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NO ROOM FOR THE INN

AGENDA

'It's a bloody lovely little pub, ' one regular says of Walsall's Wharf Bar. 'Why would they want to knock it down?'

This was the general attitude to the news that Will Alsop's masterplan for the centre of the Midlands town - unveiled last week (AJ 27.07.06) - would see the demolition of Sergison Bates' first defining building.

Another regular drinker and architectural aficionado agrees: 'It is a truly wonderful Modern building, ' he says. 'The masterplan is destroying the town. It is like the 1970 destruction all over again.'

Just about everyone seems to appreciate the quality of Sergison Bates' 1998 building, which sits near to and complements Caruso St John's famous New Walsall Art Gallery.

Everyone except Alsop that is, who claimed last week that the hostelry was 'horrible' ( ajplus 28.07.06).

Sergison Bates worked with Caruso St John on the design of the Wharf bar, which was completed soon after the gallery. It was seen as an attempt to bring nightlife back to the rundown town centre.

The practice also credits the building with launching it into the big time in Europe, with the pair securing a joint professorship in Zurich.

The extent to which Stirling Prize-winner Alsop is on his own with his views about the pub is most apparent when one talks to the client Urban Splash, the firm sanctioning and funding the proposed demolition. Even they cannot bring themselves to attack the design.

'This is not about architectural merit - I really like it as a building. But the point is that we might get 15 or 20 better buildings if it goes and that must be remembered, ' Urban Splash's local director Nathan Cornish says.

'Our thinking is that the Gallery Square does not work very well at bringing people into the waterside site, ' he adds.

'We believe another public building, such as a hotel, might work better there.'

Perhaps unbelievably, however, the demolition itself is not the most extraordinary element of this tale. This dubious honour goes to Adam Caruso, of Caruso St John, who was actually on the jury that selected Alsop for the vast site ( ajplus 02.08.06).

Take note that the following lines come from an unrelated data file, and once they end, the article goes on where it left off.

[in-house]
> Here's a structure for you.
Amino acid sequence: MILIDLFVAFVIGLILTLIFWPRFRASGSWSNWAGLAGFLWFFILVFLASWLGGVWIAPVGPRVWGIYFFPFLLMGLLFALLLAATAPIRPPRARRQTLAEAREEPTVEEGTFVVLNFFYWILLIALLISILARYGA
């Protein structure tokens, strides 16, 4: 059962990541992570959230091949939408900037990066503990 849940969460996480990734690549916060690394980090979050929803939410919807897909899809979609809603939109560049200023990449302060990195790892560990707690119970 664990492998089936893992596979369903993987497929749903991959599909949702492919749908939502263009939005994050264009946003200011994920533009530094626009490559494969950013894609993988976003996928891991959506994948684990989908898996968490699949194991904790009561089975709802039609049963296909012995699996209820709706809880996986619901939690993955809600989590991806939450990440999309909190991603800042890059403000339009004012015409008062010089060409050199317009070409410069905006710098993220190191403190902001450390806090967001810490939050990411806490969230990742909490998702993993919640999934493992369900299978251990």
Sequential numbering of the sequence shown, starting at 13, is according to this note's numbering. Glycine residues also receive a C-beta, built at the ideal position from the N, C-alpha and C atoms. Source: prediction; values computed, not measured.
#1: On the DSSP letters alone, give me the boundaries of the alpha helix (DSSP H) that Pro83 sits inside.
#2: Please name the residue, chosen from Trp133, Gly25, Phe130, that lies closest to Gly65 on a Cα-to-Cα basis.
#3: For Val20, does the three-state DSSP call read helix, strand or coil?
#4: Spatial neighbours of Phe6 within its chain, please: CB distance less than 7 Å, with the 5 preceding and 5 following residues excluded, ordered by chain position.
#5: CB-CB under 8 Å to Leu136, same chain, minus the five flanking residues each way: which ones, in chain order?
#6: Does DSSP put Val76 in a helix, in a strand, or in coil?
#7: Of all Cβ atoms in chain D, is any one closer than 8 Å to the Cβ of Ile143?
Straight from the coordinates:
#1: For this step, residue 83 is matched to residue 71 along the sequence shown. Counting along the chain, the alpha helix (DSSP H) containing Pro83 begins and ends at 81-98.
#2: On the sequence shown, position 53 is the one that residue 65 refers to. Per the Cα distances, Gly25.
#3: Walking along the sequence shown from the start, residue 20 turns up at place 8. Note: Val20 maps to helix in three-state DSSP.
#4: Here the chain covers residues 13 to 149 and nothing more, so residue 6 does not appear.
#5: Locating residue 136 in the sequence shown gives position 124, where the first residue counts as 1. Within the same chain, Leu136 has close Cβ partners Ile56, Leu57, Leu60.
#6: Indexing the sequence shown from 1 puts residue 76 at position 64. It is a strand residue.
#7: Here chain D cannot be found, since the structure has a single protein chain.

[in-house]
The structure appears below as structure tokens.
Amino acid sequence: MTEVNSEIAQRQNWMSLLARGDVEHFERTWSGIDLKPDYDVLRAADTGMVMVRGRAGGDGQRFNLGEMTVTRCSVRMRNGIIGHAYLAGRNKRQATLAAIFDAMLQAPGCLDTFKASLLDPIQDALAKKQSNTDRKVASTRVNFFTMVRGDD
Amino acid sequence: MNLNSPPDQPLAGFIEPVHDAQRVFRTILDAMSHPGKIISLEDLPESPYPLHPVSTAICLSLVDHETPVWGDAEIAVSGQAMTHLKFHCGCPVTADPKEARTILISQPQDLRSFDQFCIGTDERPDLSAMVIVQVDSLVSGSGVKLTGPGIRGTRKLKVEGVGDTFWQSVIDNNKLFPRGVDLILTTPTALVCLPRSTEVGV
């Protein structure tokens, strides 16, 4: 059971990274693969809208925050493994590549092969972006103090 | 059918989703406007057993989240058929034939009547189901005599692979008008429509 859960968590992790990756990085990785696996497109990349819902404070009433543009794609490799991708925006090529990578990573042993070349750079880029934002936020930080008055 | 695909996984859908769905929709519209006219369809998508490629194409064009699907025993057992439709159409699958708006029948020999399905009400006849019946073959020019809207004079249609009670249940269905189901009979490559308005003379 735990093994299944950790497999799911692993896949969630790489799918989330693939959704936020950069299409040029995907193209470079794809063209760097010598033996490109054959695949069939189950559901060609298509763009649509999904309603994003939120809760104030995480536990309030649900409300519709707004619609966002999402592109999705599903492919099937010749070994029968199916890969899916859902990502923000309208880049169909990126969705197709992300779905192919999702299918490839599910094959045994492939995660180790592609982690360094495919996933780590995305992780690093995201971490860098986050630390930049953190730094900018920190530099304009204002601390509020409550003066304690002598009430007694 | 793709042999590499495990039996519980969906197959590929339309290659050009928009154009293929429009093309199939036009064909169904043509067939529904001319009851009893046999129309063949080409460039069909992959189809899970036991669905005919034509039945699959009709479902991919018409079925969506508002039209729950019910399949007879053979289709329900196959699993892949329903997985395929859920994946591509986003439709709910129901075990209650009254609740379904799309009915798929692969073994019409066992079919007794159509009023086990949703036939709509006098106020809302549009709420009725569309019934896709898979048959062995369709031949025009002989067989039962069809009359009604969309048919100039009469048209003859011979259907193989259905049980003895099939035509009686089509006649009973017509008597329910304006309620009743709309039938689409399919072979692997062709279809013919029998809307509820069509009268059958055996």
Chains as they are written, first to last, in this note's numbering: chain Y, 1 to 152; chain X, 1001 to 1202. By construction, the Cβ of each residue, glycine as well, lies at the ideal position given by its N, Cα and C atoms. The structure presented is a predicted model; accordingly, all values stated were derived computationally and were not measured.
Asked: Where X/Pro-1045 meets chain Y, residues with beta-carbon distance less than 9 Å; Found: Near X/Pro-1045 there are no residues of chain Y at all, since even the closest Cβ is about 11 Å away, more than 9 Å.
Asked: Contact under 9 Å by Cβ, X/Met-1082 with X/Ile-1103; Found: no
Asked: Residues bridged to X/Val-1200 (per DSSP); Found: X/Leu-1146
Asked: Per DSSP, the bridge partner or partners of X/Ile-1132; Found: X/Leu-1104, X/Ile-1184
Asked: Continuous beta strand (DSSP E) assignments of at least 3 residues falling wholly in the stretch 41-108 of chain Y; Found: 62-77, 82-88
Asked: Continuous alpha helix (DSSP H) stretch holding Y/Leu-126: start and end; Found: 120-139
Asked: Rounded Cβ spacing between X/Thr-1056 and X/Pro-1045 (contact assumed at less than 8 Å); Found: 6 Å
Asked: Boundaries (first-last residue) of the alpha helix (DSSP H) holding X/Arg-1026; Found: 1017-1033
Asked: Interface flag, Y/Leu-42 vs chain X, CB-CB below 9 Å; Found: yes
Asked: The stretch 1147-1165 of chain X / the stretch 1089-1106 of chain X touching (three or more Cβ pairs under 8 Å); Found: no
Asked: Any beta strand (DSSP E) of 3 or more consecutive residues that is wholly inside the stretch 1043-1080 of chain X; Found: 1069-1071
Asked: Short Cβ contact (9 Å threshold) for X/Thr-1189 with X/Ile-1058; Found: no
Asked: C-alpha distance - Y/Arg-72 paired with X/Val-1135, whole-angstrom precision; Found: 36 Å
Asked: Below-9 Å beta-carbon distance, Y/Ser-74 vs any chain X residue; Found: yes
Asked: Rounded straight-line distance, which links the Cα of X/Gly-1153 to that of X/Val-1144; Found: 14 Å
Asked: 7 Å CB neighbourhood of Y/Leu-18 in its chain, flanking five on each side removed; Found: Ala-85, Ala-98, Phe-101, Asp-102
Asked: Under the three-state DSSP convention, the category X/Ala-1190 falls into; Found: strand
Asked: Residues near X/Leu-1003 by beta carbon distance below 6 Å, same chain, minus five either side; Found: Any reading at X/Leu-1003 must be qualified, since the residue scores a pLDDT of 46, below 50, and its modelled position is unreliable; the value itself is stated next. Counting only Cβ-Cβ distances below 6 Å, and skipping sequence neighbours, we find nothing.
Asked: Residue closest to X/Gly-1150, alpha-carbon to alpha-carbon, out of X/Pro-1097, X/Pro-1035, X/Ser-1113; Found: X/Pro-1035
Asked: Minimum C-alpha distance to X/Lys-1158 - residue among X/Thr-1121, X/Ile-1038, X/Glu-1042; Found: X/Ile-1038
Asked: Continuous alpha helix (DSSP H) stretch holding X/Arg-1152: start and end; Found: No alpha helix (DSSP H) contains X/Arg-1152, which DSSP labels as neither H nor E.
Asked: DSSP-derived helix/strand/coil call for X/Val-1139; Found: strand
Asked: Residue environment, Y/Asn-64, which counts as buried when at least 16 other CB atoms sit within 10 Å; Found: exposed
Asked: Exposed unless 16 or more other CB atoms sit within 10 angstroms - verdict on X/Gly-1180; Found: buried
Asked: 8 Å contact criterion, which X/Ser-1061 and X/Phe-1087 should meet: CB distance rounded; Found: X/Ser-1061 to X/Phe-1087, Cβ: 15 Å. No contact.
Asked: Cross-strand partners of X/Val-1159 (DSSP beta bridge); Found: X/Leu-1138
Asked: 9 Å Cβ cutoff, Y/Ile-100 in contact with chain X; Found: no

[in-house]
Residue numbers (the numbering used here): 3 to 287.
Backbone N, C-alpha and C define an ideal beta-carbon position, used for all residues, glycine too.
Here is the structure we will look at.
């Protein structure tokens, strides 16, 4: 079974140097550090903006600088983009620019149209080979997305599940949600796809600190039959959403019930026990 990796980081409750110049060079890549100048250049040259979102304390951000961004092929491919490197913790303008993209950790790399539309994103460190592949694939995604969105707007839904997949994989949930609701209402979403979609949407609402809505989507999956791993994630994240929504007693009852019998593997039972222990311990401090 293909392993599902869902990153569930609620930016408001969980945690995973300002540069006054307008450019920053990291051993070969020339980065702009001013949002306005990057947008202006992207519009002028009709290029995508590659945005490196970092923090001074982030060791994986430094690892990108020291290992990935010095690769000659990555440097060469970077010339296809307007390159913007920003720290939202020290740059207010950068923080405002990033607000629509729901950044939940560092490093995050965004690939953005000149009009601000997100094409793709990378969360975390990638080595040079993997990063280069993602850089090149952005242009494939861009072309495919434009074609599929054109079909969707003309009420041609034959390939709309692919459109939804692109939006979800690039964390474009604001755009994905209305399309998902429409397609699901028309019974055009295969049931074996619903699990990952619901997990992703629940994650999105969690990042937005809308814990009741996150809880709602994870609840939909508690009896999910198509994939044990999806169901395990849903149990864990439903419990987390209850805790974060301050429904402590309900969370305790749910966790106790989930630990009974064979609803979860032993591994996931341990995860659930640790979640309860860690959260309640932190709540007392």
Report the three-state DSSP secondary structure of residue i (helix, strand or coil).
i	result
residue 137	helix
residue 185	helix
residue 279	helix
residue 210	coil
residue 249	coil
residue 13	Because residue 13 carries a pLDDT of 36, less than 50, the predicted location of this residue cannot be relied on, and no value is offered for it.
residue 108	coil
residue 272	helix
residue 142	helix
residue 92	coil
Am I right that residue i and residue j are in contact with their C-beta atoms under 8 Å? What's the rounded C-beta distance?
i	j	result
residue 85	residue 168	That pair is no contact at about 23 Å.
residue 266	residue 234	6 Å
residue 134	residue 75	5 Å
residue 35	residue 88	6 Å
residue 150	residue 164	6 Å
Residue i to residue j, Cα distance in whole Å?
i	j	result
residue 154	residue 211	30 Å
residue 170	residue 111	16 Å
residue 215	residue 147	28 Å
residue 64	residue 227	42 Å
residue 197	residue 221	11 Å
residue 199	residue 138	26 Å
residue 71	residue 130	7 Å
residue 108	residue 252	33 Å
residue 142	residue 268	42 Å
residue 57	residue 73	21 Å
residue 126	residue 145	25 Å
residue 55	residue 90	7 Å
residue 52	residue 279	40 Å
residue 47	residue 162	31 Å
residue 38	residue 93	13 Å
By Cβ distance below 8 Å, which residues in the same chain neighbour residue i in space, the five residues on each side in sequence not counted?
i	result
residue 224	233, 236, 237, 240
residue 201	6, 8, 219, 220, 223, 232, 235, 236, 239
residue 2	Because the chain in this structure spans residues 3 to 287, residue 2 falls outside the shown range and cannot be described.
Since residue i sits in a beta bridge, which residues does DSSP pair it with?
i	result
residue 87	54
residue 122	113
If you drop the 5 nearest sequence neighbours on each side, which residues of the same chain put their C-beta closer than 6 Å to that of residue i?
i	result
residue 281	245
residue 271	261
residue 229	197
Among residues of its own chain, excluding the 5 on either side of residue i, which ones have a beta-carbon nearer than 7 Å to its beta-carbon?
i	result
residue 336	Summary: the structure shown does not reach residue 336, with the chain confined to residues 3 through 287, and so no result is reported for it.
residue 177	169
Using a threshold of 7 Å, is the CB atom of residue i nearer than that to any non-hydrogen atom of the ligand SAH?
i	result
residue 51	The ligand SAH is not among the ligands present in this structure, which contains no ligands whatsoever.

Quite what happened on that competition jury, which met two-and-a-half years ago, is open to supposition, but it seems unlikely that Caruso would have approved of the demolition of a building of which he is clearly very fond.

Those present are keeping schtum on what really happened - so we'll just have to speculate privately.

If Alsop's masterplan proposals, which were announced as the winning design, do get the final go-ahead, they will see the demolition of a 7ha swathe of central Walsall.

This will be replaced by a series of mixed-use buildings by Alsop himself, shedkm and young Austrian stars Querkraft.

Being reasonable and understated people, neither Caruso St John nor Sergison Bates are interested in entering into a public spat with Alsop or Urban Splash over whether their building ought to face the wrecking ball.

Instead, they say they are hopeful that the current predicament will trigger a 'civilised debate'.

Adam Caruso says that there was a 'very important' question to consider, about whether developers in regeneration areas can 'exploit needy areas'.

'Often when this kind of thing goes through planning in places like Walsall there are not enough questions asked by the council, ' he says.

And Jonathan Sergison says there were philosophical issues surrounding the idea of demolition.

'There would have to be questions about sustainability - this was, after all, funded by the council itself, ' he says.

'There are issues about responsibility as well. To knock [a building] down after eight years seems very questionable.

'There is one other point that's worth thinking about, and that is that people in mainland Europe would be very confused to see a building like this under threat. There are not many buildings that they travel to the UK to visit.

'However, I would make it clear that we are really not the people to comment on the pub's architectural merit, ' Sergison adds.

With this gentle response from the designers themselves, perhaps it is necessary to turn to a neutral to make a case for the bar's defence. Birminghambased architect Richard Newman, of Bryant Priest Newman, told the AJ that he knew the pub well.

'I think the pub and the art gallery are an oasis of quality in a desert of mediocrity, ' he says. 'I have even more time for it now than I did when it opened.

'The way that it takes domestic roof forms and slightly subverts them is really interesting and has become more mainstream recently.

'There is sometimes an argument to demolish a building which triggered a regenerative effect as the regeneration matures, such as with some of the bars in Birmingham. But this is definitely not the case here.

'It is a pleasant space and has a good atmosphere, ' Newman adds. 'And it's not too precious or arty, which is important. Also it now seems to have developed a pleasant patina, like all good pubs.'

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